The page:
Wound in the Heart-(Aug 2007)
Maoists attack India’s heartland
By Pravin Sawhney and Ghazala Wahab
In the best of times Chhattisgarh could have been an adventurer’s paradise: Untamed dense forests, rain-kissed lush vegetation, challenging terrain, gushing waterfalls and the promise of wildlife. The tourist reception centre at Raipur airport’s arrival terminal bravely tries to sell these to the trickle of visitors (mainly business and bureaucratic), who seem to have their eyes fixed on the departure terminal. “It would be very nice if you could also highlight the tourism potential of the state in your magazine,” says the tourist officer, a tad plaintively. “We have problems, but we have a lot of potential for tourism.” Sadly, these are not the best of times for Chhattisgarh; and problems far outweigh the potential. Home to most of the Dandakaranya forest, Chhattisgarh has become the centre of gravity for the worst of Maoist’s violence. Since the resurrection of the Maoist movement in the early Eighties in the form of People’s War Group (PWG) in Andhra Pradesh and Maoist Communist Centre (MCC) in Bihar, Dandakaranya forest has been the nucleus that sustains the movement in other parts of India. Intensely dense with heavy undergrowth, comprising hills as well as plains, the forest has been the abode of the most backward and impoverished tribes of India, who are now the feeders for the movement.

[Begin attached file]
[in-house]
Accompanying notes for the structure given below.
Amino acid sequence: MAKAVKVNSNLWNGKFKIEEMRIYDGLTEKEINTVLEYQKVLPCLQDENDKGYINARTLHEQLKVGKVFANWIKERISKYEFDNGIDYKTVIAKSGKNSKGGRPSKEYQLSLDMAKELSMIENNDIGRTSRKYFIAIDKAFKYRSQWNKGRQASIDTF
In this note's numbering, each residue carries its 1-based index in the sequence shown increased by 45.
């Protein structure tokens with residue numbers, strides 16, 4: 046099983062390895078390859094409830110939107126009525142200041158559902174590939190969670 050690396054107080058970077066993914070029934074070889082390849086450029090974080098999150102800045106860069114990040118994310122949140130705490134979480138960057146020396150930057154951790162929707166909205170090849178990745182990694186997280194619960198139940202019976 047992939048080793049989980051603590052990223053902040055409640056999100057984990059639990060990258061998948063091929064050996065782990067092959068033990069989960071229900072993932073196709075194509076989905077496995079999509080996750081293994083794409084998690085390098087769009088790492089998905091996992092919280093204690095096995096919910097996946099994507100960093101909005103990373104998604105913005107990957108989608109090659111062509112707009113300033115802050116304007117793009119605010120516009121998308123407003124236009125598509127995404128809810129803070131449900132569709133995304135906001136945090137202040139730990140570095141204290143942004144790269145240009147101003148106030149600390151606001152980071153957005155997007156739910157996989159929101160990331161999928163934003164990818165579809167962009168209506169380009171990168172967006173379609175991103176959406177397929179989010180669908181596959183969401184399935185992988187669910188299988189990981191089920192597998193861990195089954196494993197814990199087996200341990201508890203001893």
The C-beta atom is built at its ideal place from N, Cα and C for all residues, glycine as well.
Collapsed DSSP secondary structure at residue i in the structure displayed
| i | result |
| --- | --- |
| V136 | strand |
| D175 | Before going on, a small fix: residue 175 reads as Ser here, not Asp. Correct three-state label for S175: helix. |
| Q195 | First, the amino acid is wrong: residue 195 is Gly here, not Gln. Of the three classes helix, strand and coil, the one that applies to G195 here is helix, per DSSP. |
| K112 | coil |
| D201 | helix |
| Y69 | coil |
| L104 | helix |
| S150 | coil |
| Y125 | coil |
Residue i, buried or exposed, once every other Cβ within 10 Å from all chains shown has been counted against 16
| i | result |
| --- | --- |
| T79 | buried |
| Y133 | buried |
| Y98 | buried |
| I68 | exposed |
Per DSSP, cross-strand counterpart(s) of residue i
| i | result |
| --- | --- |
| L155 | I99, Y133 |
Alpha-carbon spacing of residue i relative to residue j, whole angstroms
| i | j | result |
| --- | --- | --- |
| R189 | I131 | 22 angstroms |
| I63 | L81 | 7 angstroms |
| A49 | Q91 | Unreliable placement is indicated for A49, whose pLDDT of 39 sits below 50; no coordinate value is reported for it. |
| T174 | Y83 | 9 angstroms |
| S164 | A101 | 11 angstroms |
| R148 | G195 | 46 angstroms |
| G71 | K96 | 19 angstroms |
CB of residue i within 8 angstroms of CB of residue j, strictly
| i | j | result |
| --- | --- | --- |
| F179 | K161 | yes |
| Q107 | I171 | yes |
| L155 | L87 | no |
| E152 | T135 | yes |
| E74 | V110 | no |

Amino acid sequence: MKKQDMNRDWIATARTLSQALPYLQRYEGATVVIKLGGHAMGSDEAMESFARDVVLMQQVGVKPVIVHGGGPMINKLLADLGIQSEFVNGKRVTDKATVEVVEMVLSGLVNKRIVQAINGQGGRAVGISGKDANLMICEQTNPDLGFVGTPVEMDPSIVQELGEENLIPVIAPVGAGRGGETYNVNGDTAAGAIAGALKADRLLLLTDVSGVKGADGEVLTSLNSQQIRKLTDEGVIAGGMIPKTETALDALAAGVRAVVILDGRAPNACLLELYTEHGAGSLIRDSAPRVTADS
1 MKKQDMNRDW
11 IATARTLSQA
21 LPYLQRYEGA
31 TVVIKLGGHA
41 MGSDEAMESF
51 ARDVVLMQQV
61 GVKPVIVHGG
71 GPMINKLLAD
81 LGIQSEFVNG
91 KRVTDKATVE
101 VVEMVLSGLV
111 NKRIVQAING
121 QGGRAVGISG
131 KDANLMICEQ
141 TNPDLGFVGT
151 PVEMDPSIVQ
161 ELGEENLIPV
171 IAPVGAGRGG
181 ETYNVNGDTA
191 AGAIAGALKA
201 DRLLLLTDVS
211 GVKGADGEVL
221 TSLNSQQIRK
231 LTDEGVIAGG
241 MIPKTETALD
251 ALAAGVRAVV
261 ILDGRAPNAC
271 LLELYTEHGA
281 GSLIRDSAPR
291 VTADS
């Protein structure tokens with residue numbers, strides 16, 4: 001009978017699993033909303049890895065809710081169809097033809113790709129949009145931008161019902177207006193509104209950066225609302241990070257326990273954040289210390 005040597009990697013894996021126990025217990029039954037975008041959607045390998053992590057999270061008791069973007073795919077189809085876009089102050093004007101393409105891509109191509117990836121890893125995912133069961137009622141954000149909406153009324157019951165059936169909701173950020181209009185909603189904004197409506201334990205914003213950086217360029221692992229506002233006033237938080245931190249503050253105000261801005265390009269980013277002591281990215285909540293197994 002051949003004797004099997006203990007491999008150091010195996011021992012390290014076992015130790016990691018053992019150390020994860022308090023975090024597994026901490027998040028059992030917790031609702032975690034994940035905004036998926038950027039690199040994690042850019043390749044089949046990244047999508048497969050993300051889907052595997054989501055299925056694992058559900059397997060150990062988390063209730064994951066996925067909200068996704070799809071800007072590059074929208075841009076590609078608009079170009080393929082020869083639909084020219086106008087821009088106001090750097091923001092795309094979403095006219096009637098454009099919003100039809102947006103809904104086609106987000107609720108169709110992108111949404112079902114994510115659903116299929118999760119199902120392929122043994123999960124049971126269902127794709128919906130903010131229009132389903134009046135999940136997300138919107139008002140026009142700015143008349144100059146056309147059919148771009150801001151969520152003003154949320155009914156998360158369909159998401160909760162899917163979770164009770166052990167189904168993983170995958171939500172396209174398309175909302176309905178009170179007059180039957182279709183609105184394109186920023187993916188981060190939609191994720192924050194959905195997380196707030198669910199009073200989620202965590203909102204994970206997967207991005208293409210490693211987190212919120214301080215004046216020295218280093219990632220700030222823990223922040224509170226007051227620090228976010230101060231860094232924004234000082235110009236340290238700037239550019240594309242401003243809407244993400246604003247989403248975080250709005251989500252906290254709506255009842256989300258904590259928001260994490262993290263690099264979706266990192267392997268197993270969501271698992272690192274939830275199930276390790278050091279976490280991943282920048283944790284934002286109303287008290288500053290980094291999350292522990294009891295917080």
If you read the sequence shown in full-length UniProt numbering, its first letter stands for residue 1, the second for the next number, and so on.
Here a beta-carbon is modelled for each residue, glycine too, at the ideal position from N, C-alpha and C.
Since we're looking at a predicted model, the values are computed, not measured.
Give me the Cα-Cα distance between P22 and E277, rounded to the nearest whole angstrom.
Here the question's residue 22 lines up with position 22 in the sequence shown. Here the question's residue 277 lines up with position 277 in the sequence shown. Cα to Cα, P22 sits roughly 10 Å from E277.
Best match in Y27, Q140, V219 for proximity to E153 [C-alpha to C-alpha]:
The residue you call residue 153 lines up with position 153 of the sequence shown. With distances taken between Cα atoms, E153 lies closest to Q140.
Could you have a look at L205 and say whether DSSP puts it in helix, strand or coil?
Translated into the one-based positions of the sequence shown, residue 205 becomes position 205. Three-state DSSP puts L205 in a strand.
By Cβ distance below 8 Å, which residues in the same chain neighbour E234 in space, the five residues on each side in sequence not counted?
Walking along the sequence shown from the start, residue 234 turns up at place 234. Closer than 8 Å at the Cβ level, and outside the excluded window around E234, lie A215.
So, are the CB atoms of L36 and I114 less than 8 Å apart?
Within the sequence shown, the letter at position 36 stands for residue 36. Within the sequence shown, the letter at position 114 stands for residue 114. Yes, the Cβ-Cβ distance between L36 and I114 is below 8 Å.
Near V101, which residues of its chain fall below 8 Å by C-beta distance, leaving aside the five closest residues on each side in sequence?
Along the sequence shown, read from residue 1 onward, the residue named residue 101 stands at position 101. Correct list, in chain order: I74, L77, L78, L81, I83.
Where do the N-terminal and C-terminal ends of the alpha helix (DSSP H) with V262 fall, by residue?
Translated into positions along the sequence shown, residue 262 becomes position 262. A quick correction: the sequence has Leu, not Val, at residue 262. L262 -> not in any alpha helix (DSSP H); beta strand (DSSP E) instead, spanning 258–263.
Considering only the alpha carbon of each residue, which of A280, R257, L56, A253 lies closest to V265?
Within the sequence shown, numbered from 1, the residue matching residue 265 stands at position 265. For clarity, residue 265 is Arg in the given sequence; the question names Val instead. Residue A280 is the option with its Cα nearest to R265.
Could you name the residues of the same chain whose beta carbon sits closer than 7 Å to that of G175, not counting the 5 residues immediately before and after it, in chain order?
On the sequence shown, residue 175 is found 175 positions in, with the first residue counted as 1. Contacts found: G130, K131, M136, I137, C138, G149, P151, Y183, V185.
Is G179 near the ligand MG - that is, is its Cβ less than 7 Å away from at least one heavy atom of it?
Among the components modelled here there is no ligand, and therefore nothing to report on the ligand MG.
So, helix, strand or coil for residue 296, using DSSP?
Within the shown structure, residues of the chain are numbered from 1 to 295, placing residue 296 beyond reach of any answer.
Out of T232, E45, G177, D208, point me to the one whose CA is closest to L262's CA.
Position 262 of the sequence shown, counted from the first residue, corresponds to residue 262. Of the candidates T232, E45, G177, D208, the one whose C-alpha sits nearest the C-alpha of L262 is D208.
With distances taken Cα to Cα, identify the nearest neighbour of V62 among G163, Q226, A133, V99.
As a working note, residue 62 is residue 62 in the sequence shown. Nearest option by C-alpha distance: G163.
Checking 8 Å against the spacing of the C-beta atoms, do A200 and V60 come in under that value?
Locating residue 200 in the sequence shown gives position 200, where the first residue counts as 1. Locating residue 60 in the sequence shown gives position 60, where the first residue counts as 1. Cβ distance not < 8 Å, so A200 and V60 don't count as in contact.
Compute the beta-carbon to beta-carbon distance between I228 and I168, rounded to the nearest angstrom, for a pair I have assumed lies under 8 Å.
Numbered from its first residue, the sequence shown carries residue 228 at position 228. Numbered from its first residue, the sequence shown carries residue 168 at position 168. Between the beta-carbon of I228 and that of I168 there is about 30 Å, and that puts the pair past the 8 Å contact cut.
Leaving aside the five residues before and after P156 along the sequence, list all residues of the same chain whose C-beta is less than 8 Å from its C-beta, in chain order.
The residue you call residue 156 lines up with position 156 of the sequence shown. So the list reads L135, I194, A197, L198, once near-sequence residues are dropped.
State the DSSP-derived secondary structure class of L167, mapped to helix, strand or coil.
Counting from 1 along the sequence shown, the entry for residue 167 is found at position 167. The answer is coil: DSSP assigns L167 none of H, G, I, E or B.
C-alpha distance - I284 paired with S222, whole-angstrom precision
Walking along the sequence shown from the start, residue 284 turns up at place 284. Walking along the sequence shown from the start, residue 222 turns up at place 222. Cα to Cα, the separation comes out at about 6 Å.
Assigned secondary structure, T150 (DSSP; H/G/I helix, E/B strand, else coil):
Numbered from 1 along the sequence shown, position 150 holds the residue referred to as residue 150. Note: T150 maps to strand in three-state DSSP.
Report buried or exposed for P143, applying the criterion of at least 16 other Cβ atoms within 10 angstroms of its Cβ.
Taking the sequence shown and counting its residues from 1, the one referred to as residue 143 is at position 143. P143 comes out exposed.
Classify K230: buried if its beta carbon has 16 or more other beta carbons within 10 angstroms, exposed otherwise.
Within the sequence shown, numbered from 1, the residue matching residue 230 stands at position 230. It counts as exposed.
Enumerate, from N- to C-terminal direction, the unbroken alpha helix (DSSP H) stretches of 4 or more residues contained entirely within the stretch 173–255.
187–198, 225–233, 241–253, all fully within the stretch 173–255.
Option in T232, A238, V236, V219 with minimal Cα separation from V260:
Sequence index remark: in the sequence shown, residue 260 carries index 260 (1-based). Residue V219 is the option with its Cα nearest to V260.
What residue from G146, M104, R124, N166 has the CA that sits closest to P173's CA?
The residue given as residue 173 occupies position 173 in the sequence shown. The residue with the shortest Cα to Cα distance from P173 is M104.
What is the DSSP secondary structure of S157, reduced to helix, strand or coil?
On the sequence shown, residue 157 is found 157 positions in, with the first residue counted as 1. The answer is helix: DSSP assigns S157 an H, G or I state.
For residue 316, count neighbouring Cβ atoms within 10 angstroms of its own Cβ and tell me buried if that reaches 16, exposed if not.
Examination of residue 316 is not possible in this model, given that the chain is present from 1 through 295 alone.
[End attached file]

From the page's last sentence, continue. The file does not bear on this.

Considering that its remoteness ensured that the organs of the government machinery remained at the periphery, the forest has been a haven for Maoists/Naxals to flourish and expand their area of operations uninterrupted. For nearly two decades, when the governments both at the Centre and the state (then Madhya Pradesh) were busy doing other things, Maoists went from strength to strength in the Bastar region of what is now Chhattisgarh, till such time when they could declare a portion, Abujmarh, a liberated zone. On a policeman’s map of Bastar, Abujmarh (in southeast Bastar bordering Maharashtra) stands out as a black mark with hardly any police stations in the entire area. As one drives through the forest of Bastar, from Kanker to Jagdalpur, abject poverty pockmarks the beauty of the landscape. Through the entire stretch of nearly 170km, there are hardly any roadside eating places. On national highways, roadsides eateries or ‘dhabas’ are not only reflective of the prosperity of the areas that the road connects but also of the number and profile of the people who take those roads. What one does comes across are stray posters put up by the Maoists urging the people to observe the first week of August as Martyrs’ Week, in honour of their fallen comrades. According to the posters, Maoists will take out rallies and pay tributes to their martyrs by visiting their memorials. They will also desist from violence during this week. The fact that such posters have been put up implies that Maoists believe that they would be able to mobilise people to observe the Martyrs’ Week without the fear of the police or the Para-military. And obviously, these activities will have to take place within their liberated zone inside Abujmarh where the security forces do not tread.
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